How the West was won
Cycling Skyward: Conquering the West’s Toughest Climbs
Editor’s Note: Cycling across the country is a time-honored tradition in America, requiring athleticism, fortitude and a sense of adventure. GP contributor William Eginton recently set out from King’s Beach, CA, for a 5,000-mile journey. This is his third dispatch from the open road.
One month after I set out from King’s Beach, CA, on a 5,000-mile bike tour of America, I stood on top of the Continental Divide at Logan Pass in Glacier National Park. As I stood on the side of the road, basking in sun-drenched peaks that surrounded me, I couldn’t help but feel a sense of disappointment. There would be no more triumphant mountain crossings. No more dizzying, sweat-pouring-off-of-you, lung-stinging climbs. No more high alpine views of great, snow-stippled peaks. This was it. I had crossed four mountain ranges — the Sierras, the Southern and Northern Cascades, Oregon’s Coastals, and the Northern Rockies. Ahead of me was 2,000 miles of rolling farmland and grassy hills.
I’m going to miss those climbs, those struggles, more than I ever expected. For that reason, I’ve accumulated a list of my favorite climbs — each one backbreaking and unique in its own right.
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Dead Indian Memorial Road
Ashland, OR On paper, the Dead Indian Memorial Drive does not seem all that difficult: 15 miles and 2,200 vertical feet of climbing. Climbing high above the surprisingly bustling college town of Powell, the road offers striking westward views if you happen to take a look over your shoulder. However, the majority of the time you’ll find yourself out of the saddle, gasping for air, and wondering why exactly you decided to start this climb at four o’clock in the afternoon with temperatures hitting triple digits. But maybe that’s just me.
Lassen Volcanic National Park
Mineral, CA In the northern Sierras lies the 11,000 foot Volcano known as Lassen Peak. It has been designated as a national park for good reason. Beautiful, rocky peaks give way to snow-fed streams and waterfalls; the road itself, from the base of the visitor center, rises close to 3,000 feet in seven steep, switchbacked miles. The road summit tops out at 8,800 feet. In the high desert, heat is a serious force; it is best to attack this climb in the early morning with temperatures still in the 50s. As you summit from the southern entrance, Lake Almanor can be seen shining in the distance 30 miles away. From gate to gate, you’ll ride over 7,000 feet of vertical and reach speeds of nearly 60 mph on the descent.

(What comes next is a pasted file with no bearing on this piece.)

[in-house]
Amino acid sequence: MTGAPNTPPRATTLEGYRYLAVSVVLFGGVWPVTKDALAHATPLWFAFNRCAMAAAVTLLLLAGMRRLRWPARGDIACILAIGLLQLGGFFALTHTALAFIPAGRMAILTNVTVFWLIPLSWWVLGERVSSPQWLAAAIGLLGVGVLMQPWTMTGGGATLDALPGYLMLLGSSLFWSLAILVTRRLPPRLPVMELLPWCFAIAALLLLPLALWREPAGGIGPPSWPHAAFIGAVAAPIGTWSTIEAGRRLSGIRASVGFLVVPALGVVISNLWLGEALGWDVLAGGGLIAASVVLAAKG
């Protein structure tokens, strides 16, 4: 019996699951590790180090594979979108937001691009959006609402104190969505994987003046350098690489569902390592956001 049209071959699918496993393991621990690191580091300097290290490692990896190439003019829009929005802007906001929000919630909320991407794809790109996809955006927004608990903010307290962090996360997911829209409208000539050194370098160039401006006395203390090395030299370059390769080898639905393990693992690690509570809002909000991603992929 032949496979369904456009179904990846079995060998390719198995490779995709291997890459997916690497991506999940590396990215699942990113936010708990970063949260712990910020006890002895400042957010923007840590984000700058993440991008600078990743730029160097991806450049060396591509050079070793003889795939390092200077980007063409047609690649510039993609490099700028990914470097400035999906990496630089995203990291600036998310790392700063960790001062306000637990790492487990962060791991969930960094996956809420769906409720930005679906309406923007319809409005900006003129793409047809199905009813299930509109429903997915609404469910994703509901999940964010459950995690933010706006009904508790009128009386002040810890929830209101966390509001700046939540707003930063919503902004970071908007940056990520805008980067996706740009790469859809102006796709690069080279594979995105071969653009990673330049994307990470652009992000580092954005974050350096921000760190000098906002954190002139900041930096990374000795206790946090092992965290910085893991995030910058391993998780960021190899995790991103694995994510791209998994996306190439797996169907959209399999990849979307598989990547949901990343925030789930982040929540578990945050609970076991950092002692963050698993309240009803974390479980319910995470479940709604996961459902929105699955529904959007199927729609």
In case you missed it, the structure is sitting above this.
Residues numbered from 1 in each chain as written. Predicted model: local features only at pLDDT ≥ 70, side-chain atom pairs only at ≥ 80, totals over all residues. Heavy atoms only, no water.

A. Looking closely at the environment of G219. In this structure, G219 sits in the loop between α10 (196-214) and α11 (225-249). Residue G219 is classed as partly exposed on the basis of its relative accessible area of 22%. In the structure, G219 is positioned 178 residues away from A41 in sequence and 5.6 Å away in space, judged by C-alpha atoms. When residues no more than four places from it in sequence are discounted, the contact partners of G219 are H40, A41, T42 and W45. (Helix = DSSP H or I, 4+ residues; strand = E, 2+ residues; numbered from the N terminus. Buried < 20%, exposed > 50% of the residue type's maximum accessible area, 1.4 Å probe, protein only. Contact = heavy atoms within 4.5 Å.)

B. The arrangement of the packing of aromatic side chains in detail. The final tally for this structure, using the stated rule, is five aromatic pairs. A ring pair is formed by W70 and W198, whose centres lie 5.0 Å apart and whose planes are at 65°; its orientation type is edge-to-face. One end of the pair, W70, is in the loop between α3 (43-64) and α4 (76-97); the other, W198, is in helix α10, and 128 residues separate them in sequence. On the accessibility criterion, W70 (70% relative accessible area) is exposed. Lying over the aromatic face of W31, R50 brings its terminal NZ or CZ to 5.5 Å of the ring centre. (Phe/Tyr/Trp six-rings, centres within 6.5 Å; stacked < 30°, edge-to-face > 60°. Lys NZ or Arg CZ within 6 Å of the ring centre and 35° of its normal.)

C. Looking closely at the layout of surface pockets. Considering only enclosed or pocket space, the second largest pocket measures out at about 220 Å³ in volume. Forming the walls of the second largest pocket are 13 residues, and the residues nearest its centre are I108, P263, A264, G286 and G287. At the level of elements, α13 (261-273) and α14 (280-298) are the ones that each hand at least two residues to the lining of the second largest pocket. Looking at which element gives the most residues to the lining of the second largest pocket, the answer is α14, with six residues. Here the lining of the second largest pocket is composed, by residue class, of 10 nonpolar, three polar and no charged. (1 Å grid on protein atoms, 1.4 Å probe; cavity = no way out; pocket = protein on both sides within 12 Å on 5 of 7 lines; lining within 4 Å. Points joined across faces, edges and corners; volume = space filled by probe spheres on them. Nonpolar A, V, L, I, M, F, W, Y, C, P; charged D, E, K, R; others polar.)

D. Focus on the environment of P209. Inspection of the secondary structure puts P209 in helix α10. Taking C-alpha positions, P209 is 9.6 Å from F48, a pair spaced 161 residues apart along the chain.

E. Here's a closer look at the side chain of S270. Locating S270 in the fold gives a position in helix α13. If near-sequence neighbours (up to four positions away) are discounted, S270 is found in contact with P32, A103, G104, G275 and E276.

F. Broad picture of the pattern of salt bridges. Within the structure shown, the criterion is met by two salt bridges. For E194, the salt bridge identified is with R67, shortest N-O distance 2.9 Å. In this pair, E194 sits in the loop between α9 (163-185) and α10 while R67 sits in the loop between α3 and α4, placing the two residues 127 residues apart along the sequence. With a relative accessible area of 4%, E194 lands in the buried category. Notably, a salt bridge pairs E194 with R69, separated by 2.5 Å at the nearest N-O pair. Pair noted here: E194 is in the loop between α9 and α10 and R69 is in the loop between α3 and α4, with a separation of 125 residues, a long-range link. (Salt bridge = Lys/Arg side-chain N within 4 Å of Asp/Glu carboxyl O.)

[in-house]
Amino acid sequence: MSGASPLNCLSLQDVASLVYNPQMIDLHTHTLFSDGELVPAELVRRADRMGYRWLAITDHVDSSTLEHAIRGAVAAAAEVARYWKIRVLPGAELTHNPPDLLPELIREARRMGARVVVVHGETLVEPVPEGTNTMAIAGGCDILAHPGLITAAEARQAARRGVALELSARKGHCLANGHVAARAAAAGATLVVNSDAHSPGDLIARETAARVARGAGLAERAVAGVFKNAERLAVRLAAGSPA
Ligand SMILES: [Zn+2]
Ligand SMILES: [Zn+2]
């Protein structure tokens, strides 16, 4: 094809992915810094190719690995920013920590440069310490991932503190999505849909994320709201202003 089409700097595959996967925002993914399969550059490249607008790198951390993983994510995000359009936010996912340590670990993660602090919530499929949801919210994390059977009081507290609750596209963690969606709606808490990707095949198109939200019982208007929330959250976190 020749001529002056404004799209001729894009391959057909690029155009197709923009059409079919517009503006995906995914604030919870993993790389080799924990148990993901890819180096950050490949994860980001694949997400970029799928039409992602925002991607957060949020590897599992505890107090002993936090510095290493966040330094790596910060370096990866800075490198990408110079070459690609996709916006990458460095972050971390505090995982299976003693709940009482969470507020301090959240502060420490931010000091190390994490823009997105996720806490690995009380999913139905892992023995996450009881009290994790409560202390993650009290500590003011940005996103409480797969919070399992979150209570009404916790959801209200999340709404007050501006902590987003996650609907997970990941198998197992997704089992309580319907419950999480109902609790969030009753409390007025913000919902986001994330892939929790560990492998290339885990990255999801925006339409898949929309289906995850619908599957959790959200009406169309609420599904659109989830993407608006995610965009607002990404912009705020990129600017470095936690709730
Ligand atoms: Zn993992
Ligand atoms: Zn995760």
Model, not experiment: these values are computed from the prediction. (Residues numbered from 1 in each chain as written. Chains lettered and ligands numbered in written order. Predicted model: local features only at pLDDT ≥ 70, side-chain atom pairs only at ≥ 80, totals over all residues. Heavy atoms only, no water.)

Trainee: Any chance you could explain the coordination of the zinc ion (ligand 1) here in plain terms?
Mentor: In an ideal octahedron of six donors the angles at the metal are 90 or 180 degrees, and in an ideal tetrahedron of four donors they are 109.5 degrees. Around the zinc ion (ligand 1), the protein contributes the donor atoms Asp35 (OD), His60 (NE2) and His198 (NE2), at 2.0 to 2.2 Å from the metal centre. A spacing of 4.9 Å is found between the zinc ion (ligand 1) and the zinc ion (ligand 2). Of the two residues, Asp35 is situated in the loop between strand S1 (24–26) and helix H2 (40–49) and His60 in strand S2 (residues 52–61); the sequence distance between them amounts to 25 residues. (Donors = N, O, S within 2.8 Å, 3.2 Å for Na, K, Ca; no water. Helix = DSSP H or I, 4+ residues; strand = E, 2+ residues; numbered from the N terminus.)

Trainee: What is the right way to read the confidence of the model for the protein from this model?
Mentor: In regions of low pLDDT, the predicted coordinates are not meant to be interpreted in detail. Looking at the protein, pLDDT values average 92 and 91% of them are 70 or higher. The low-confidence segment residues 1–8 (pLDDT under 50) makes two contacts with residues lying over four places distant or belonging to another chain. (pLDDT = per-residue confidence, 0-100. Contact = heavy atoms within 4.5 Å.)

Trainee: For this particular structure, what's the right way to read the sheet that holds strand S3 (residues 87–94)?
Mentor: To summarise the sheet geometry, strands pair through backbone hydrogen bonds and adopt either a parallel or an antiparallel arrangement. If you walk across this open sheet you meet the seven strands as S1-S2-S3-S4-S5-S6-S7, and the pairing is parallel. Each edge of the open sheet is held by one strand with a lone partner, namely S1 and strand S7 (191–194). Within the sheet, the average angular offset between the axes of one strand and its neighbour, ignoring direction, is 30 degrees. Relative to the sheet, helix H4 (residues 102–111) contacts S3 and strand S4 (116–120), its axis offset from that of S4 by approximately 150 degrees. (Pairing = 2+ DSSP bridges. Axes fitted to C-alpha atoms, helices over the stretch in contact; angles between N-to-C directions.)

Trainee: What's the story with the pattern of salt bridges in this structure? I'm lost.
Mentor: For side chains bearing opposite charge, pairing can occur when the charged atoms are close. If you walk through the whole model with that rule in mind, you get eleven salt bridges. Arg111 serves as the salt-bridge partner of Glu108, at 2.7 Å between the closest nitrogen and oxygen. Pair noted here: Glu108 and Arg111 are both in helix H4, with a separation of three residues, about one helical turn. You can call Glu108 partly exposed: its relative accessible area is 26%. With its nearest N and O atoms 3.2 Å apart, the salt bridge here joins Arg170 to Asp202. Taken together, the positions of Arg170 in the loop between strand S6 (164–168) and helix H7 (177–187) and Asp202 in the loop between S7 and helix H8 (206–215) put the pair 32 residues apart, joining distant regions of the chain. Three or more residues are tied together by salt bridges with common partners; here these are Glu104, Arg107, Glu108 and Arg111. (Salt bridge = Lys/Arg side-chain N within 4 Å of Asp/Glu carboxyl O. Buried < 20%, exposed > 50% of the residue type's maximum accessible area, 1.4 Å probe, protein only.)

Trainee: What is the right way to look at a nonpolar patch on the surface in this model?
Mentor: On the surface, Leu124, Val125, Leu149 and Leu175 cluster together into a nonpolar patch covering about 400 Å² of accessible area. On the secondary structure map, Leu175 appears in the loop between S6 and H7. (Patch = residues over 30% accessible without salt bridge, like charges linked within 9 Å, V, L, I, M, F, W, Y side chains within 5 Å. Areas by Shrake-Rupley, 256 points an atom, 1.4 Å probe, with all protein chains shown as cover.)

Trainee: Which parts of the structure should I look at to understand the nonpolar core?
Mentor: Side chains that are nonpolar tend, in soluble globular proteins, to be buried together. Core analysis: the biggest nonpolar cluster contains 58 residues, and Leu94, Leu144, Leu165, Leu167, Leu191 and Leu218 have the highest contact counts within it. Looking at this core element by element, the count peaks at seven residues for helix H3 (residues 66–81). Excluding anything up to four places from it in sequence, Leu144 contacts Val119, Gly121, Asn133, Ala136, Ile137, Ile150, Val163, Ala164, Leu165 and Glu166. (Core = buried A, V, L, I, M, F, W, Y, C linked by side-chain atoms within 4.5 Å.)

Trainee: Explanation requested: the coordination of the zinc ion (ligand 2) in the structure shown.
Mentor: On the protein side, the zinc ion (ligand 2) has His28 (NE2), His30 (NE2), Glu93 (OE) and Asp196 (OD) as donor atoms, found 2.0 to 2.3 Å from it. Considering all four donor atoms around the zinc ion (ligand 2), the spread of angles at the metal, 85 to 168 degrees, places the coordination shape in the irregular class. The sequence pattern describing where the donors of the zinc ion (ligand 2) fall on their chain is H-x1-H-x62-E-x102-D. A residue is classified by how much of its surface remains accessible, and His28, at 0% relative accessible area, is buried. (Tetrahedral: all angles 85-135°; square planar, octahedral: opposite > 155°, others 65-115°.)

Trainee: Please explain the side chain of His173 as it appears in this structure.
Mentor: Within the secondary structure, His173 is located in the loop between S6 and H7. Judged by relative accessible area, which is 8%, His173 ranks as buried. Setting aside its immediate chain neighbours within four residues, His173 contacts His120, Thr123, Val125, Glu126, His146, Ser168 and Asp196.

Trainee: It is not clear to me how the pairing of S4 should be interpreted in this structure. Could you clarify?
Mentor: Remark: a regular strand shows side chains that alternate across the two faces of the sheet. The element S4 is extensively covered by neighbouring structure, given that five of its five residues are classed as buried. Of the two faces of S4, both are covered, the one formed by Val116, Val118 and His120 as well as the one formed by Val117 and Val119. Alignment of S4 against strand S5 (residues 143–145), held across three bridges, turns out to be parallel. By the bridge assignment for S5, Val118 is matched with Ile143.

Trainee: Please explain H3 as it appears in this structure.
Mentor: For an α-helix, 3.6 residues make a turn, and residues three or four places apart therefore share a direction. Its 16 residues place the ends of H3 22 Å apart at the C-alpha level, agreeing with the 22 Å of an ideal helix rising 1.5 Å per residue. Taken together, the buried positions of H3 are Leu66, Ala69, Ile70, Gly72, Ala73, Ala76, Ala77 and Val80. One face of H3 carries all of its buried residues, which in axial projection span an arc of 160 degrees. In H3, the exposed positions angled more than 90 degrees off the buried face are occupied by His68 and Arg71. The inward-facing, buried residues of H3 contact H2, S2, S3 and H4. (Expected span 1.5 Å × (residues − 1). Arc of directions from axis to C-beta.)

McKenzie Pass, Oregon
Sisters, OR McKenzie is an extremely popular cycling destination from both Bend and Eugene alike. I prefer coming in from the east. From Sisters, OR, you’ll face an 18-mile climb through a canopied forest that gives way to molten rock boulder fields flanked by jagged peaks: to the north, the iconic Three Fingered Jack, and to the south, the Sisters Peaks. Even in the midsummer heat, these massifs still hold snow. The highlight of this ride, however, lies in the descent. You cross different climates as you drop on to the western flank of the Southern Cascades, through a lush, dense forest, categorically different from the one you passed through your ascent. Along the fast, curvaceous descent, you can feel the air grow thick with moisture and humidity. It’s a bizarre sensation.
Washington Pass, Route 20
Newhalem, WA The Northern Cascade Mountains are truly awesome, with steep, drastic relief cut by the Skagit River. From Newhalem, Washington, Route 20 winds through the Skagit Gorge, past the three hydroelectric dams. After a surprisingly gradual climb to Rainy Pass, the remaining five miles angle up at over 6 percent. You are rewarded by a long, fast descent of 18 miles and 4,000 vertical feet to the town of Mazama. The state of Washington is often assumed to be densely forested and damp, but the eastern slope is in fact extremely dry.
Mt. Hood Scenic Byway
Clackamas County, OR Route 26 exits the Portland area and begins a gradual climb up to the sleepy mountain communities that flank Mt. Hood. Once in Welches, the road pitches upwards, extending for a casual 17-mile climb up to the Government Camp area. Throughout this span — almost all of which falls within the Mt. Hood National Forest — you are afforded views of the valleys and rolling ridge lines that abut the massive volcano. The weather can be decidedly fickle and may not even allow for the opportunity to actually see Mt. Hood (both riding down and later up, in my case).
Glacier National Park, MT This, in my mind, is one of the most epic climbs in the Northern Rockies. Glacier National Park is known for its drastic relief, and the Going-to-the-Sun Road is quite possibly the best vantage point. From the park’s gate in West Glacier, the road pushes out for 15 miles along the shores of Lake McDonald. It is quiet and cool early in the morning, and sight lines to the mountains are obscured from all angles by dense forest. The road takes an abrupt left and begins its ascent as you work you’re way to the road’s first and only switchback. In a quick eight-mile spell, you climb around 1,500 vertical feet before reaching the crux. At the switchback, the road extends ahead of you, working its way up the mountainside, offering awe-inspiring views: cascading waterfalls, and residual snowmelt that constantly mists the roads and keeps the temperatures down.